Where I don’t really mind character switches (although I still don’t prefer them) is when there really are multiple main characters, with their own storylines. Boof of Unwritten Tales comes to mind, or Of Orcs and Men.

        Of course, when the characters just don’t matter (for example, Call of Duty), I don’t really care about switching characters.

        Funny enough, I don’t even like switches within a series of games, if there is one “established” main character throughout most of the series. For example, in Star Warrs: Jedi Knight, we play as Kyle Katarn in the first four games, and then suddenly we are a random Padawan. Just imagine if Monkey Island 6 would put us in the shoes of Otis! We’d be victims of society!

        What’s your stance on these three variations?


        • The first: I’d still rather not switch characters even if there are multiple protagonists. For me personally, I find it quite jarring and it ruins the immersion.

          The second: the same as you, I don’t really care!

          The third: I agree with you here too. For example, it took me a long time to accept that the second and third games in the Dreamfall series were from ZoΓ«’s perspective rather than April’s, and I hated her character at first even though she’s now one of my favourites!

          I get that sometimes developers use the character-switch to introduce new mechanics and keep things fresh. But I’d just rather stick with one protagonist and see their journey through to the end. πŸ˜‰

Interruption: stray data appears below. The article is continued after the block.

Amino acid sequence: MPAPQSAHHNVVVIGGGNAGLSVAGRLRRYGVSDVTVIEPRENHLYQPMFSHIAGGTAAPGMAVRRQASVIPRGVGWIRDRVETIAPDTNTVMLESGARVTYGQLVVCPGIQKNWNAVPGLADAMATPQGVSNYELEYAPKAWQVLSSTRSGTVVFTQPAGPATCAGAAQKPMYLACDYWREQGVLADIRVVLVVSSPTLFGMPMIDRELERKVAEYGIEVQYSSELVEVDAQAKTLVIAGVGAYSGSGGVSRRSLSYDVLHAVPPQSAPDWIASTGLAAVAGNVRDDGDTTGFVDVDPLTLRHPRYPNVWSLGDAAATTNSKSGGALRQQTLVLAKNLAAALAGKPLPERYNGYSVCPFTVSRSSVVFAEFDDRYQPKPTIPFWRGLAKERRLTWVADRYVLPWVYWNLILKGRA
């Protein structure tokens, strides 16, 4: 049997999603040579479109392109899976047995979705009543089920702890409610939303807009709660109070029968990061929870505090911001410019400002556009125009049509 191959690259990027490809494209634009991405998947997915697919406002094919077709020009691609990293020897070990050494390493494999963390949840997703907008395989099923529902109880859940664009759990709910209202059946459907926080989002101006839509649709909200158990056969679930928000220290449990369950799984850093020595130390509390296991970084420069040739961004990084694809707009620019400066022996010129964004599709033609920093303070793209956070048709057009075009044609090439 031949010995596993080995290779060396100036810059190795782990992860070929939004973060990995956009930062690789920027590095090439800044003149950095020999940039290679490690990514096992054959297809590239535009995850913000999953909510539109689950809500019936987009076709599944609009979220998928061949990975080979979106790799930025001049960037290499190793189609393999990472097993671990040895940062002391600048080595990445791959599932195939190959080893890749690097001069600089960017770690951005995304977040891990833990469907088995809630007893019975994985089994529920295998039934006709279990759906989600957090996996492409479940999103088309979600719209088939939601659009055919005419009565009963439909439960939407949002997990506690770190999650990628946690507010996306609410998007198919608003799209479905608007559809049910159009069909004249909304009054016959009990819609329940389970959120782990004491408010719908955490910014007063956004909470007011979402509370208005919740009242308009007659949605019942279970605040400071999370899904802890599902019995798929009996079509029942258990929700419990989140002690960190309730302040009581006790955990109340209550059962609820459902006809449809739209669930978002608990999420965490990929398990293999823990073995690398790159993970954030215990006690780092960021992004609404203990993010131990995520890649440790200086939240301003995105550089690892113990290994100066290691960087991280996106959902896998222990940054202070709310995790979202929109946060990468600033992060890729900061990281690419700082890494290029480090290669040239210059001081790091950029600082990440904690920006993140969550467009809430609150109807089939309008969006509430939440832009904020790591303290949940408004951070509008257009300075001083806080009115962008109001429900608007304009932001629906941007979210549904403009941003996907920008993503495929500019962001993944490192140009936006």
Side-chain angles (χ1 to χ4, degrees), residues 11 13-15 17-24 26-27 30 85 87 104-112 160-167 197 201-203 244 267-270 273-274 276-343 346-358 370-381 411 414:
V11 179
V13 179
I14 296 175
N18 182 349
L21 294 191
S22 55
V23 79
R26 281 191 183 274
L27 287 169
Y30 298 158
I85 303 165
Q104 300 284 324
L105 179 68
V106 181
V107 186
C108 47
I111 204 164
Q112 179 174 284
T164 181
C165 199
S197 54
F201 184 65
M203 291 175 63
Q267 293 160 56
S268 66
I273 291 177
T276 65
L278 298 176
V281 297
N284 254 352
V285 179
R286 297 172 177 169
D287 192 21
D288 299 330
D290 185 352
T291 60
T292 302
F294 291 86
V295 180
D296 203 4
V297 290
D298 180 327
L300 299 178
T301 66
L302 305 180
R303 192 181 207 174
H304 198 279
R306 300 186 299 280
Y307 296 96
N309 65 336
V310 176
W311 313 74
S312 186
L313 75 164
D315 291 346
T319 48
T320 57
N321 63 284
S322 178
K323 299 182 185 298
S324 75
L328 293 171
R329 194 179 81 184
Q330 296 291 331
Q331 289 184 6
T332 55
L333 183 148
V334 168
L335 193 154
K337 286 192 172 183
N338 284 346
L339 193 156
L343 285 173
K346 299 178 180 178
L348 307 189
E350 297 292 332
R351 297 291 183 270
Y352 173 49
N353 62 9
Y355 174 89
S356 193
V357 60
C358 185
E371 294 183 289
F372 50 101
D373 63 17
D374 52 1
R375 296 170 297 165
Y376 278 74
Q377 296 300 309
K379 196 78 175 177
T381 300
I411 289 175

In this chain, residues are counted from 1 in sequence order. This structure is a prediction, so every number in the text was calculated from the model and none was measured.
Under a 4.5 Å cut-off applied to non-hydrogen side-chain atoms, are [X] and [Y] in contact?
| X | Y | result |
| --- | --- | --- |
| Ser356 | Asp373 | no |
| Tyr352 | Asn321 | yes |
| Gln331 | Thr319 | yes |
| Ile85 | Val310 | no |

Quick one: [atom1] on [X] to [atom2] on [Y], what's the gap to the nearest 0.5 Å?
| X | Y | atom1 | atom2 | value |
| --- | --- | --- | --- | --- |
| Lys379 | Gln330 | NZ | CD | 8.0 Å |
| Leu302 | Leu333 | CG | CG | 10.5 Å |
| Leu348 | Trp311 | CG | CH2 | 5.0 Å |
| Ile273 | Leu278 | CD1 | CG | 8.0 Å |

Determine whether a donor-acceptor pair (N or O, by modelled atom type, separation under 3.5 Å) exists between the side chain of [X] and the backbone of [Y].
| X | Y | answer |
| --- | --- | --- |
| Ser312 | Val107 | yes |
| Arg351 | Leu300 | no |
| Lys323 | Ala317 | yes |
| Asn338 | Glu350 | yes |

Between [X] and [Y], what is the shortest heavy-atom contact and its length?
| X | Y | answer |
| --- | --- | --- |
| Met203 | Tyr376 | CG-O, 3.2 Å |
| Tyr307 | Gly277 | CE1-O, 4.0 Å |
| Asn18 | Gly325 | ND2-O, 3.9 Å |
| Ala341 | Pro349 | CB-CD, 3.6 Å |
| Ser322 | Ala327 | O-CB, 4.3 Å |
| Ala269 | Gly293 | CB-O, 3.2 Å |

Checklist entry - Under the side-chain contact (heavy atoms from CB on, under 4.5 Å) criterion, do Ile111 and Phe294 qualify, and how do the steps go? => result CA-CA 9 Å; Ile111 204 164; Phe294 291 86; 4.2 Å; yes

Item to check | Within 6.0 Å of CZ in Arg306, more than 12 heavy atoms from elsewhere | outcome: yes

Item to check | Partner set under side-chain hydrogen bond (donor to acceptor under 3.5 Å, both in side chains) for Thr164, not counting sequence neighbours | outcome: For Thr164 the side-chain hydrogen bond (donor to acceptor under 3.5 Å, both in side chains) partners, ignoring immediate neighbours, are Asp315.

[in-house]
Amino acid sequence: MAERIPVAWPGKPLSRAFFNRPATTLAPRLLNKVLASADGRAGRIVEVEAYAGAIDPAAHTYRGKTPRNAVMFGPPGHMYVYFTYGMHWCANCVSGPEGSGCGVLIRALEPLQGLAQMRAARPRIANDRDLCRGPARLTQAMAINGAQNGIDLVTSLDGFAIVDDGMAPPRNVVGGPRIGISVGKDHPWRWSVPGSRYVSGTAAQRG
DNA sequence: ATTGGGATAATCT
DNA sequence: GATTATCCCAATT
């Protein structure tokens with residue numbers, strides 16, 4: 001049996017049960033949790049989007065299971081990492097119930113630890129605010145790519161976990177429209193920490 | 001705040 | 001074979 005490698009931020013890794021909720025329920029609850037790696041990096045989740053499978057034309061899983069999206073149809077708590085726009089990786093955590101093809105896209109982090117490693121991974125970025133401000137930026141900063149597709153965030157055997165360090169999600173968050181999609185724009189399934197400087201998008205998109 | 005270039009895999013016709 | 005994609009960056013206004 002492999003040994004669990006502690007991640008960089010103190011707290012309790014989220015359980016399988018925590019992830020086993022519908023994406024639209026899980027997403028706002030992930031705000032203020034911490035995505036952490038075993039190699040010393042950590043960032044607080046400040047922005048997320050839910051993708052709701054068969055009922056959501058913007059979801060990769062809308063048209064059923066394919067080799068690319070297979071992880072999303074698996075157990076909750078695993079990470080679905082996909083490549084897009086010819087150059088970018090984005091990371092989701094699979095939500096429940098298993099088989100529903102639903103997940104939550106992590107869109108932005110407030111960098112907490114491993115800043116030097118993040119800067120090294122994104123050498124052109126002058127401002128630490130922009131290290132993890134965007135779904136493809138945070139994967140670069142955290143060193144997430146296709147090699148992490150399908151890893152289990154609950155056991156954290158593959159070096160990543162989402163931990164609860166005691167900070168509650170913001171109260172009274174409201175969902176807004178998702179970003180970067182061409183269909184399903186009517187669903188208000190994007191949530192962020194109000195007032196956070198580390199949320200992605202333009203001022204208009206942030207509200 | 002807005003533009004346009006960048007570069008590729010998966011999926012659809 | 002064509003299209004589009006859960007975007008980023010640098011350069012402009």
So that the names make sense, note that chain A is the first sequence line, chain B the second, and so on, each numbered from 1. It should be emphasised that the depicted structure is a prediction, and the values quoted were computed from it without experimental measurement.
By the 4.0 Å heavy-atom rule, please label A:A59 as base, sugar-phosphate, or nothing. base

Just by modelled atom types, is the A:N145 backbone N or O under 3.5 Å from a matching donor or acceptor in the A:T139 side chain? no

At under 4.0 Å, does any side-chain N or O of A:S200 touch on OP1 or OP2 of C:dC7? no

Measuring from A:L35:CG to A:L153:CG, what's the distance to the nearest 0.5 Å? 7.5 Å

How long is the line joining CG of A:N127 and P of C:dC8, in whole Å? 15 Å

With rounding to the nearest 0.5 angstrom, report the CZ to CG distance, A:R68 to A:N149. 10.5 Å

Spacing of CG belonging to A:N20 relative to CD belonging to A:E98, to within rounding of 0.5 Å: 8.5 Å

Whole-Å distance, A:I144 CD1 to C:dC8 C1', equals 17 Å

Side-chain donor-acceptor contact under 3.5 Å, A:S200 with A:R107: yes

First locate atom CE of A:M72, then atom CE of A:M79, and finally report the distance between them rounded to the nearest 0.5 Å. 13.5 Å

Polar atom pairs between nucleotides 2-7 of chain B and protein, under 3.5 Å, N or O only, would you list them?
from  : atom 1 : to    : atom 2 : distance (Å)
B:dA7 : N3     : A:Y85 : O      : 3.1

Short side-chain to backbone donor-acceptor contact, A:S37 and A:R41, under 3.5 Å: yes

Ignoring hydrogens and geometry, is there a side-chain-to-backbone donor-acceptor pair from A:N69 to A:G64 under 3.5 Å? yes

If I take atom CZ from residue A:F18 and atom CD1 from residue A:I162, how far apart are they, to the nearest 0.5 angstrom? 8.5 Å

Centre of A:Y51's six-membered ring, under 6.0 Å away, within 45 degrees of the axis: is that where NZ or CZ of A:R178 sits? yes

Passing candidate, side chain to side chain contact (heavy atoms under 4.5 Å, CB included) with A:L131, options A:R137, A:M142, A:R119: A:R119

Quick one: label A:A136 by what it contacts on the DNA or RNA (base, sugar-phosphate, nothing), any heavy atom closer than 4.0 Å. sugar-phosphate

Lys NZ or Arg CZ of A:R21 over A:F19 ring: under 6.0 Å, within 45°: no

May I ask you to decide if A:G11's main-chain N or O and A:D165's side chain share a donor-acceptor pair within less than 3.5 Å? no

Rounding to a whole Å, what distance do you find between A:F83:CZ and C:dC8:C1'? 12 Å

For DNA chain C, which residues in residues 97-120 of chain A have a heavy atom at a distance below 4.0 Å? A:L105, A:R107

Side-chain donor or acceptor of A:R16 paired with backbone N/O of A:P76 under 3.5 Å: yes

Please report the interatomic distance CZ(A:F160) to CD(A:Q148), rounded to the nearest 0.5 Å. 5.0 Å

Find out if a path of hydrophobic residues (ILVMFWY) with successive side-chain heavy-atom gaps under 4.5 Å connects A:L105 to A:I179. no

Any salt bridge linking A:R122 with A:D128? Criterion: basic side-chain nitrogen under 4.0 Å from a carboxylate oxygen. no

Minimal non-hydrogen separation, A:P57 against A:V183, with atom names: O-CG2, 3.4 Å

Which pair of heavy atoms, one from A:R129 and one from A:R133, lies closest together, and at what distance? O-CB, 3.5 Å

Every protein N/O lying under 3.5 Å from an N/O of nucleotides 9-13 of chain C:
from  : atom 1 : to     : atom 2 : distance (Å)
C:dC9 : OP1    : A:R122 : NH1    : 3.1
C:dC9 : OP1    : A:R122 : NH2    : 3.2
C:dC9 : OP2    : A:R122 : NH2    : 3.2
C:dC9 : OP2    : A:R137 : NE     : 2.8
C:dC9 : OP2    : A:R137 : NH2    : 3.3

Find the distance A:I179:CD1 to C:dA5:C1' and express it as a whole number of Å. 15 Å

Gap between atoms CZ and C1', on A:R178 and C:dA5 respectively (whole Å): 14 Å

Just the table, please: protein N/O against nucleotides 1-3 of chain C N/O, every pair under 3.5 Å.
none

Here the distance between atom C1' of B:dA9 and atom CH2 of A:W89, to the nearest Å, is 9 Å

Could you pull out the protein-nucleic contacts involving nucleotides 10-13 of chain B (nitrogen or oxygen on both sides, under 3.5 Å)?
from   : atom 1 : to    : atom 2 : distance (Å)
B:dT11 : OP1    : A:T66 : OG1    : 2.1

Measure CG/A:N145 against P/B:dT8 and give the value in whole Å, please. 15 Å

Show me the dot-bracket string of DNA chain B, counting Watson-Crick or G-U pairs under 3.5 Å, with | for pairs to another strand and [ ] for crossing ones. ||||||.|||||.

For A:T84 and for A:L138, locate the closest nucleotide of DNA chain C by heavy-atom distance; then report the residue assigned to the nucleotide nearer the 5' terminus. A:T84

Liked by 1 person

  2. Great response! While I do enjoy non-linear games, I definitely experience that decision-making anxiety, and often prefer the strong stories that more linear games tend to have. I should answer my own question sometime!

    Liked by 1 person

    • I can recommend it, I had a lot of fun writing this post! Some of my answers weren’t what I expected them to be – I surprised myself by not creating a 2D pixel-art game. πŸ˜‰

      Liked by 1 person

  3. Hmm I actually just played a game that made me swap characters, admittedly it was a DLC to accompany the main game and entirely optional but clarified additional lore and events and gave a point of view separate from your main character. It was quite pleasant actually to take the break and play through the new perspective, of course it would destroy any tension if my main character were an unreliable narrator but the game is played from 3rd person so it worked incredibly well to switch. (I’m referring to Varnhold’s Lot DLC for Pathfinder: Kingmaker)

    Liked by 1 person

    • Do you think you got more out of it because you experienced the character-switch after completing the main game? I have to say, I didn’t mind the switch from George to Nico when I played the Director’s Cut of Broken Sword – but that was after playing the original (which didn’t contain any switching) a number of years ago.


      • The character switch is mid game, and if you make the right decisions you can even meet your character as an NPC. It’s precisely because it’s midgame switch that makes it memorable .. like how fantasy books follow multiple protagonists across geographic areas but have events occurring at the same time.

        Liked by 1 person

  4. Pingback: My Perfect Video Games | Dating Sims on the Holodeck